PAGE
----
(San Francisco City & County Super. Ct. No. CGC-08-482329) Trial Court: San Francisco City & County Superior Court Trial Judge: Hon. Richard A. Kramer
The opinion of the court was delivered by: Ruvolo, P. J.
CERTIFIED FOR PUBLICATION
In the aftermath of their failed investment in Prosper Marketplace, Inc. (Prosper), an online money lending service, Christian Hellum, and David Booth (plaintiffs) filed the instant class action lawsuit against Prosper and its corporate officers based on alleged violations of California and federal securities laws. Three of the named defendants who served as Prosper's outside directors, James W. Breyer, Larry W. Cheng, and Robert C. Kagle (collectively, the outside directors),*fn1 filed a demurrer arguing that plaintiffs had failed to plead sufficient facts to establish that the outside directors were liable on any of the three causes of action pled against them pursuant to Corporations Code section 25504*fn2 (section 25504) and title 15 of the Securities Act of 1933, 15 United States Code section 77o (Title 15 of the Securities Act).*fn3
In seeking demurrer, the outside directors argued that in order to state a cause of action under each of plaintiffs' theories of liability, plaintiffs were required to plead facts showing that the outside directors asserted control over Prosper, the primary violator, and that plaintiffs had failed to allege sufficient facts establishing such control. Accepting this contention, the trial court sustained the outside directors' demurrer, and entered a judgment of dismissal in their favor. Plaintiffs appeal, contending that the judgment of dismissal entered in favor of the outside directors should be reversed because plaintiffs' complaint stated a claim under every theory of liability pled under both section 25504 and Title 15 of the Securities Act.
We agree with plaintiffs that under one of the many provisions of section 25504 establishing liability for specific classes of individuals, presumptive liability is imposed for directors and officers of any corporation that violates specified state securities statutes, regardless of whether the particular officers and directors actually exercised control over the corporation. Therefore, the trial court erred in imposing a control requirement where none existed, and in sustaining the outside directors' demurrer to this cause of action on the ground that plaintiffs had failed to allege sufficient facts demonstrating such control.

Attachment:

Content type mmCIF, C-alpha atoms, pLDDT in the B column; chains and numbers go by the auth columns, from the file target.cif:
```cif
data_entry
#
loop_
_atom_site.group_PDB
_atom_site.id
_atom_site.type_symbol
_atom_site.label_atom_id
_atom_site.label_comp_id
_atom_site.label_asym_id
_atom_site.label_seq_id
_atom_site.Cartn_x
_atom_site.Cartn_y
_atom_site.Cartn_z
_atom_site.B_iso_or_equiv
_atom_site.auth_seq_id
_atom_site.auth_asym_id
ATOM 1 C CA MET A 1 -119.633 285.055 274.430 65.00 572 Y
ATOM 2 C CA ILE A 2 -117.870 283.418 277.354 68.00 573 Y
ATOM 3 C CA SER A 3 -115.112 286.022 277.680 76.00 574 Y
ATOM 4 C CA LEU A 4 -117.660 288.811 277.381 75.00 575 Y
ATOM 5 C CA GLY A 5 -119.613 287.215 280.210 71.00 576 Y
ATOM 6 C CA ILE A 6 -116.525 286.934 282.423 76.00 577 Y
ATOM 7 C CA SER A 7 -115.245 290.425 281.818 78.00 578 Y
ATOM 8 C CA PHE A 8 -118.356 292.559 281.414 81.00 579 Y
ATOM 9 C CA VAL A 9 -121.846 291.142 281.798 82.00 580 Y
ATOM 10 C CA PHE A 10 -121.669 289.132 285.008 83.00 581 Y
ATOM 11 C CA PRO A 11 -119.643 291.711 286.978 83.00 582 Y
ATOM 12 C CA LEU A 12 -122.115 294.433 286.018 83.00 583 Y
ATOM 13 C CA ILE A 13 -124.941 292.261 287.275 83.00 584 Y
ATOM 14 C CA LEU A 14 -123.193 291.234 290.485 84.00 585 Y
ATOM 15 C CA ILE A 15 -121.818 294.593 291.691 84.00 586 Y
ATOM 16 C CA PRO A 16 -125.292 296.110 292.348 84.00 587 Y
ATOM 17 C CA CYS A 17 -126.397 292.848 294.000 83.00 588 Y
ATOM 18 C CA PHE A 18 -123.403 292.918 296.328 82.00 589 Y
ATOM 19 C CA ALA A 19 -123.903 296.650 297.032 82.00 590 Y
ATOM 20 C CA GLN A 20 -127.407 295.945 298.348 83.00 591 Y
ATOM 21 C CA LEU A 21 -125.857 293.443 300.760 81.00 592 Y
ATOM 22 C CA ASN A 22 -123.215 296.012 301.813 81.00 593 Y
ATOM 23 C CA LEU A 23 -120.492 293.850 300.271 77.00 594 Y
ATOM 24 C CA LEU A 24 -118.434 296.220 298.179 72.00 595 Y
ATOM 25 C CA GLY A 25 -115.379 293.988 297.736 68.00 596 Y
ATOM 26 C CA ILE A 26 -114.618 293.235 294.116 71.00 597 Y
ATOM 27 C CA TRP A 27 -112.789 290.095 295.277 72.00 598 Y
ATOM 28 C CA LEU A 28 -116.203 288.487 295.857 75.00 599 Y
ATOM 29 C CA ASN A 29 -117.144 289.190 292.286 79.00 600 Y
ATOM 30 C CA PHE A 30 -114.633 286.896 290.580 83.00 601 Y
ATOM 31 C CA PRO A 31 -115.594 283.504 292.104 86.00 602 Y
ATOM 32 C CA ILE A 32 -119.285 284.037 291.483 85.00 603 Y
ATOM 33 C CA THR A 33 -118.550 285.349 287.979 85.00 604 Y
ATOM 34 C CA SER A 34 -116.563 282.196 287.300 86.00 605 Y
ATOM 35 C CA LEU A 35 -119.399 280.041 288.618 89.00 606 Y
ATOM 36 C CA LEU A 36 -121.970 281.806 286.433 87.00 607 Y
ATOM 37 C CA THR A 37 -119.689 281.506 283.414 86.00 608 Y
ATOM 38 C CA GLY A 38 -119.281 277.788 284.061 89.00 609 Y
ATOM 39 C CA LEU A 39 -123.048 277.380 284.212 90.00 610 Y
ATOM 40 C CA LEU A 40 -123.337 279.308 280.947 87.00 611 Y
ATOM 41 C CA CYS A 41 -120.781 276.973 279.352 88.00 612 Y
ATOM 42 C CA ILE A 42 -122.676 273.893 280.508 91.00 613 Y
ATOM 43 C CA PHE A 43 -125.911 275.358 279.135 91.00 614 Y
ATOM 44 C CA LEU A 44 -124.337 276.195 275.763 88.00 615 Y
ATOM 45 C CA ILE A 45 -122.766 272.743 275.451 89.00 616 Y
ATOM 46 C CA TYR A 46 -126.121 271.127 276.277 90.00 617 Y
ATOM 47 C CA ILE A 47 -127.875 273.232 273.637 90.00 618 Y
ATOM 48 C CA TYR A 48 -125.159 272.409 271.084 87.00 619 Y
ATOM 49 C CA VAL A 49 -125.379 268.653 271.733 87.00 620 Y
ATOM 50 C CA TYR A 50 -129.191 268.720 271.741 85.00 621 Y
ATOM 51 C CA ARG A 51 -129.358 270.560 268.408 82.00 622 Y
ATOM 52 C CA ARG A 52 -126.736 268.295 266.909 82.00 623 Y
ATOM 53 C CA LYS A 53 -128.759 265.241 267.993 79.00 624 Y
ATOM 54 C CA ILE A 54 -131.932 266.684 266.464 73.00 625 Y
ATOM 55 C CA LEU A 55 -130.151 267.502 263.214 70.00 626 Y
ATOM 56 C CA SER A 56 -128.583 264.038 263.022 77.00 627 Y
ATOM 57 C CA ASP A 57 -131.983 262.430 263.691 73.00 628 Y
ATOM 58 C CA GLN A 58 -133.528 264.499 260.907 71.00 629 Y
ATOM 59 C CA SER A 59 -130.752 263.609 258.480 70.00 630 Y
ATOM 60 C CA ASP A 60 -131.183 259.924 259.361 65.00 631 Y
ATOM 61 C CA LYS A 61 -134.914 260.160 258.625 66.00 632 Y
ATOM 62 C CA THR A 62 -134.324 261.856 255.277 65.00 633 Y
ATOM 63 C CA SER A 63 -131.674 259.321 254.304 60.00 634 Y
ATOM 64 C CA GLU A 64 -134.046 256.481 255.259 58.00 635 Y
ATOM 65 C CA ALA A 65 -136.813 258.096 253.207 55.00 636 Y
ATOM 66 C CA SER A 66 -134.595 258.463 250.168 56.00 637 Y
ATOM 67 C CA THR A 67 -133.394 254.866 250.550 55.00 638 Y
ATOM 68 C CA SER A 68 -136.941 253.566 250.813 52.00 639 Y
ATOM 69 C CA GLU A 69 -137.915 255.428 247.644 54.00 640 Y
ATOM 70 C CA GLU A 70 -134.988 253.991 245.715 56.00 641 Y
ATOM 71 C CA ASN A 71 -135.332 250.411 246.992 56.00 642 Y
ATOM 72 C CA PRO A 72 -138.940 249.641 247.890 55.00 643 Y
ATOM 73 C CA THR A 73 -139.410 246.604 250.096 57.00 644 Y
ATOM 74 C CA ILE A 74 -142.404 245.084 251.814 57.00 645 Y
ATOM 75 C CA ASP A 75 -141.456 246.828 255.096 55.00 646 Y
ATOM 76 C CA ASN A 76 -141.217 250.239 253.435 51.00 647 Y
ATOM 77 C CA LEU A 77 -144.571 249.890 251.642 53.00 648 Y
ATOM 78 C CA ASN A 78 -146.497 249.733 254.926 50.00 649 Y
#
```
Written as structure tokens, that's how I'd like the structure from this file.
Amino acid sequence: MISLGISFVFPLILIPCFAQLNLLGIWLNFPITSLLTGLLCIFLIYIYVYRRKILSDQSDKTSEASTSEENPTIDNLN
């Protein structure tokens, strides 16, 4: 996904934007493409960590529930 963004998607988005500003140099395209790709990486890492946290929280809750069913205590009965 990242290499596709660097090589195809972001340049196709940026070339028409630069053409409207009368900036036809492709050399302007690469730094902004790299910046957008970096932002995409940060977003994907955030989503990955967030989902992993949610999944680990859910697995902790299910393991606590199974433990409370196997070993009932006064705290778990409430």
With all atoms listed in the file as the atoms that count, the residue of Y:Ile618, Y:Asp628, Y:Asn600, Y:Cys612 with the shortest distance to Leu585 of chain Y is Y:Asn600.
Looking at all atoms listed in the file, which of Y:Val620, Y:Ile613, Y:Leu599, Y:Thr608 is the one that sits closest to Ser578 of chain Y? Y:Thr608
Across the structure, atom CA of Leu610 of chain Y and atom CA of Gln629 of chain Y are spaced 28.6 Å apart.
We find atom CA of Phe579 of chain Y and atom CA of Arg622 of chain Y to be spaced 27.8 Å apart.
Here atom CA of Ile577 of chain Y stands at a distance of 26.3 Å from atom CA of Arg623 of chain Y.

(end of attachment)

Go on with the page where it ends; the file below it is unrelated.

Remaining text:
As for the remaining two theories of liability pled against the outside directors under Title 15 of the Securities Act and a different provision of section 25504, plaintiffs concede as to those claims, they must establish that outside directors were in a position of control. In examining the allegations relating to these separate causes of action, we conclude that plaintiffs' complaint alleged sufficient facts demonstrating that outside directors possessed such control. Accordingly, we reverse.
II. Facts and Procedural History
Prosper, a closely held corporation based in San Francisco, California, was formed in March 2005. Its sole business was the operation of an online lending program through its website, www.Prosper.com. Prosper's lending platform functioned like a double-blind auction, connecting individuals who wished to borrow money with individuals, like plaintiffs, who wished to purchase loans extended to borrowers. Lenders and borrowers were prohibited from dealing directly with one another. They registered on the website and created Prosper identities.
Potential borrowers could request unsecured loans in amounts between $1,000 and $25,000 by posting "listings" indicating the amount they wanted to borrow and the maximum interest rate they would be willing to pay. Prosper assigned borrowers a credit score based on a commercial credit score obtained from a credit bureau, but Prosper did not verify personal information, such as employment and income. Potential lenders bid on funding all or portions of loans for specified interest rates, which were typically higher than rates available from depository accounts at financial institutions. Each loan was usually funded with bids by multiple lenders. After an auction closed and a loan was fully bid upon, the borrower received the requested loan with the interest rate fixed by Prosper at the lowest rate acceptable to all winning bidders.
Prosper charged an origination fee from each borrower and a servicing fee from each lender. In return, Prosper administered the loan program by collecting and distributing payments to the lenders, and by initiating procedures to collect past due loans from borrowers, including the assignment of delinquent loan accounts to collection agencies.